In my search for guidance and support, I discovered that the Episcopal Church, and Protestant Christianity in general, are not well-equipped to counsel someone like me. This is, of course, a generalization. There are certainly individual clergy who could provide excellent ethical discussion and pastoral support. Indeed, our own pastor asked some good questions of us. Though his knowledge of the ethical issues involved was limited, his pastoral concern and acceptance were abundant. But for the most part, the Protestant clergy and laypeople we talked with seemed uncertain of what questions we should even be asking about reproductive ethics, much less what the answers might be.

The progressive Religious Institute recently issued a report confirming that, due to lack of training and education, as well as discomfort with issues related to sexuality and the controversy they stir up, clergy and other religious leaders are often ill-equipped to engage topics of sexual justice and ethics, including reproductive ethics. In a 2009 report specifically addressing assisted reproduction, the Religious Institute noted that, “Unfortunately, these topics are usually not addressed in seminaries, and if they are, it is likely in the context of a medical ethics course that does not engage the pastoral issues that religious leaders will face.”

The exception to this is, of course, the Roman Catholic Church, which has plenty to say about reproductive ethics. In the past 18 months alone, the Catholic Church has released two major doctrinal statements clarifying and expanding on their opposition to all forms of assisted reproduction and genetic screening. The 2008 encyclical Dignitas Personae came directly from the Vatican, while last fall, the U.S. Catholic bishops released their own document, titled Life-Giving Love in an Age of Technology. Both documents provide extensive explanation of the theology, reasoning and ethical concerns behind the church’s position.

In contrast, the Episcopal Church has released three very brief, very general resolutions: A 1982 approval of the use of IVF to conceive children within a marriage; a 1991 resolution urging couples considering IVF to get counseling and consider adoption as an alternative; and a 2003 statement that genetic screening is appropriate for avoiding “clearly serious” disorders, and that human cloning is unacceptable. Well, I guess that’s something. But it’s not enough, given the complexity of reproductive ethics, and the fact that, as reproductive technology evolves, more and more people sitting in the pews of our Episcopal churches will be facing decisions about whether or not to use it.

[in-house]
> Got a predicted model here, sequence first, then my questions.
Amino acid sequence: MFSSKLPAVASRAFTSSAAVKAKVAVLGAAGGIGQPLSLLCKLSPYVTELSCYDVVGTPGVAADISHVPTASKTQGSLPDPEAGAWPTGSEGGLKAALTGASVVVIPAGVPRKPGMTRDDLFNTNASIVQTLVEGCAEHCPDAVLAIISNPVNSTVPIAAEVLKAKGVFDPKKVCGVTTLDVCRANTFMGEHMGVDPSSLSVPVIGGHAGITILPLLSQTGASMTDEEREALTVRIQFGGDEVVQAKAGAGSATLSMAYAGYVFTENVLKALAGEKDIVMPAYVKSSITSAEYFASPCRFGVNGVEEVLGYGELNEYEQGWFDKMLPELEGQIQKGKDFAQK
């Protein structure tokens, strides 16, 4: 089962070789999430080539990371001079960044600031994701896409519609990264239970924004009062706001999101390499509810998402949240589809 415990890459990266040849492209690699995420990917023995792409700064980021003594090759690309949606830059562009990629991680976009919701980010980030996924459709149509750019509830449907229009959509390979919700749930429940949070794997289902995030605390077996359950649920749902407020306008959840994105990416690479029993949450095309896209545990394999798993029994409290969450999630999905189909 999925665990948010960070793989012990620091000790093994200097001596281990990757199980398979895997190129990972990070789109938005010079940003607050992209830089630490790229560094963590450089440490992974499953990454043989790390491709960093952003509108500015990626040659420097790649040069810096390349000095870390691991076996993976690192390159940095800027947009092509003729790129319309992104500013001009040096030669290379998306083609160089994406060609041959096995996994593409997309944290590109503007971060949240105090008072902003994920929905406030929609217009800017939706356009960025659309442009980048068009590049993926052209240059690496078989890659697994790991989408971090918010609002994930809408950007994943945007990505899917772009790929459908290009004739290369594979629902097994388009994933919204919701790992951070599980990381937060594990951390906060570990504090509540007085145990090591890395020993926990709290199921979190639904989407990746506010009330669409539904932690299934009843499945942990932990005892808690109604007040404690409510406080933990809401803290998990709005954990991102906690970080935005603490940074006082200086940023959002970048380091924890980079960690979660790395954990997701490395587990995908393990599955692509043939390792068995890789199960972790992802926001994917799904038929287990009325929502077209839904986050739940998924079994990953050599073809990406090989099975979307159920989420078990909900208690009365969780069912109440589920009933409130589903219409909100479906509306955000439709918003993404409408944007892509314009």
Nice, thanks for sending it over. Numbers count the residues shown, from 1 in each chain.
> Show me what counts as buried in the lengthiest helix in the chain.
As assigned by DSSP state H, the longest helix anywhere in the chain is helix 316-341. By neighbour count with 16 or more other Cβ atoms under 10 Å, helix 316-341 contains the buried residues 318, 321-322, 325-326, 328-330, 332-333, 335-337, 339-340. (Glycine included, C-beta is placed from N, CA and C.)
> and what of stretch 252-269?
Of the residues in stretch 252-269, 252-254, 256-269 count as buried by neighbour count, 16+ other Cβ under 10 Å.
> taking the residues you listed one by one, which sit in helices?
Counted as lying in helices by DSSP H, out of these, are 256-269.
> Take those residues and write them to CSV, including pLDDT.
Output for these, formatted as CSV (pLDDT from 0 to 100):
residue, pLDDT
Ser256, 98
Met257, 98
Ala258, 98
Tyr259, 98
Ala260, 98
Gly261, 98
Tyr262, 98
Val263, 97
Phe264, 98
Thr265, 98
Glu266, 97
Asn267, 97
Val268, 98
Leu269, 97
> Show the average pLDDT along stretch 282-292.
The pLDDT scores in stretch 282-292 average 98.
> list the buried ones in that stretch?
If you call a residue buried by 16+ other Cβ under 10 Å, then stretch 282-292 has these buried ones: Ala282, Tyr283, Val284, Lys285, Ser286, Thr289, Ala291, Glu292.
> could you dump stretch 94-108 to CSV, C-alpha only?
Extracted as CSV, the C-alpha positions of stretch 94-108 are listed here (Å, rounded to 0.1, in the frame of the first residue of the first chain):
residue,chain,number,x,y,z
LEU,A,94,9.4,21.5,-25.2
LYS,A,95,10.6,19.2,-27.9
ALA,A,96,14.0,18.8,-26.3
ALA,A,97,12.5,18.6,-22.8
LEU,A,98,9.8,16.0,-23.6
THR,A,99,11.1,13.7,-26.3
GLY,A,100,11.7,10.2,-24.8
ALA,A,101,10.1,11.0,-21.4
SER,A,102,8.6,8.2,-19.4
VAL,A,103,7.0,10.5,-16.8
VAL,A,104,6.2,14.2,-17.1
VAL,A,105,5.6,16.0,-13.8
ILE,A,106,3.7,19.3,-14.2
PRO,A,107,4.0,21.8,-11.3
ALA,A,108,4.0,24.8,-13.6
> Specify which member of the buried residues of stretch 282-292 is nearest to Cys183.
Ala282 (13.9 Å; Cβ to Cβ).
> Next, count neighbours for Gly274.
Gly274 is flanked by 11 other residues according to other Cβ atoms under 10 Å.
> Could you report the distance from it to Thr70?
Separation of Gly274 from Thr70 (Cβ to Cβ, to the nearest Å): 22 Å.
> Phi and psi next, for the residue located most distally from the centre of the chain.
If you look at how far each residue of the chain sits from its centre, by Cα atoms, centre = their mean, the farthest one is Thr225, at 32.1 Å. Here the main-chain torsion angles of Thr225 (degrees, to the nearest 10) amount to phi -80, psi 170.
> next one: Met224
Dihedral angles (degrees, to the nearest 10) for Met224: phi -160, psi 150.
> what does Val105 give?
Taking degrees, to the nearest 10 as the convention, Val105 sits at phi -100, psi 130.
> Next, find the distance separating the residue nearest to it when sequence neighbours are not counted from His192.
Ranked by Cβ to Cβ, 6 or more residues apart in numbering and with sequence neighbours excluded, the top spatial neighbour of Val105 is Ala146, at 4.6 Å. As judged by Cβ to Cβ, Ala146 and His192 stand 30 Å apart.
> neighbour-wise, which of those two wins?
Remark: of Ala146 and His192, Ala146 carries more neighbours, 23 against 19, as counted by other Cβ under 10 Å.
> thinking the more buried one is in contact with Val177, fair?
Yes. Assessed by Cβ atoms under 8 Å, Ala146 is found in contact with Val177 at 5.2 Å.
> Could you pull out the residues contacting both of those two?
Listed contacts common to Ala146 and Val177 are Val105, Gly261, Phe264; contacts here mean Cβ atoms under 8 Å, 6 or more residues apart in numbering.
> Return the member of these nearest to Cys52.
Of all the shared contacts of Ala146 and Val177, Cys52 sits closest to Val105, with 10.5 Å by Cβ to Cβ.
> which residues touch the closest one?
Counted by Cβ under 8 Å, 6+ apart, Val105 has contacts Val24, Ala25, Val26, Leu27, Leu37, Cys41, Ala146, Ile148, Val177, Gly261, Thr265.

As I research reproductive ethics for my book and blog, the most consistent and informed sources tend to be Roman Catholic. In fact, the person who ended up being most helpful to me and my husband in making our decisions was a good friend who also happens to be a Roman Catholic sexual ethicist. He and I disagree—vehemently in some cases—on the answers to some difficult ethical questions. But he, my other Catholic friends, and the Roman Catholic web sites and bloggers I follow have been my most valuable resource. I may not always agree, but because the Catholic Church gives priority to reproductive ethics, these resources are generally well-informed and thoughtful—two qualities especially important when discussing the emotionally charged questions of whether, why and how people should have babies.

In writing about reproductive ethics, I am not aiming to convince anyone of a particular position. In fact, I am still working out exactly what my position is. Rather, my aim is to convince people—especially my fellow Protestant believers—that reproductive ethics are worth talking about seriously so that people who have to make difficult reproductive choices do so with the guidance of their brothers and sisters in Christ, within a supportive community responding with common values.

In Part 2 of this series, I’ll review the Roman Catholic position—whether you agree with it or not, their position lays out some important questions and provides food for thought—as well as summarize both Protestant and Jewish approaches to reproductive technology. I’ll finish up in Part 3, with a brief discussion of the major ethical questions raised by reproductive technology, and recommendations for moving the discussion forward in our Episcopal congregations. I hope you’ll stick around, because all of us, both clergy and laypeople, are vital partners in providing loving, supportive, knowledgeable counsel to people struggling with complex reproductive decisions.

Ellen Painter Dollar is a writer whose work focuses on faith, parenthood and disability. She is writing a book on the ethics and theology of reproductive technology, genetic screening and disability, and she blogs at Choices That Matter and Five Dollars and Some Common Sense.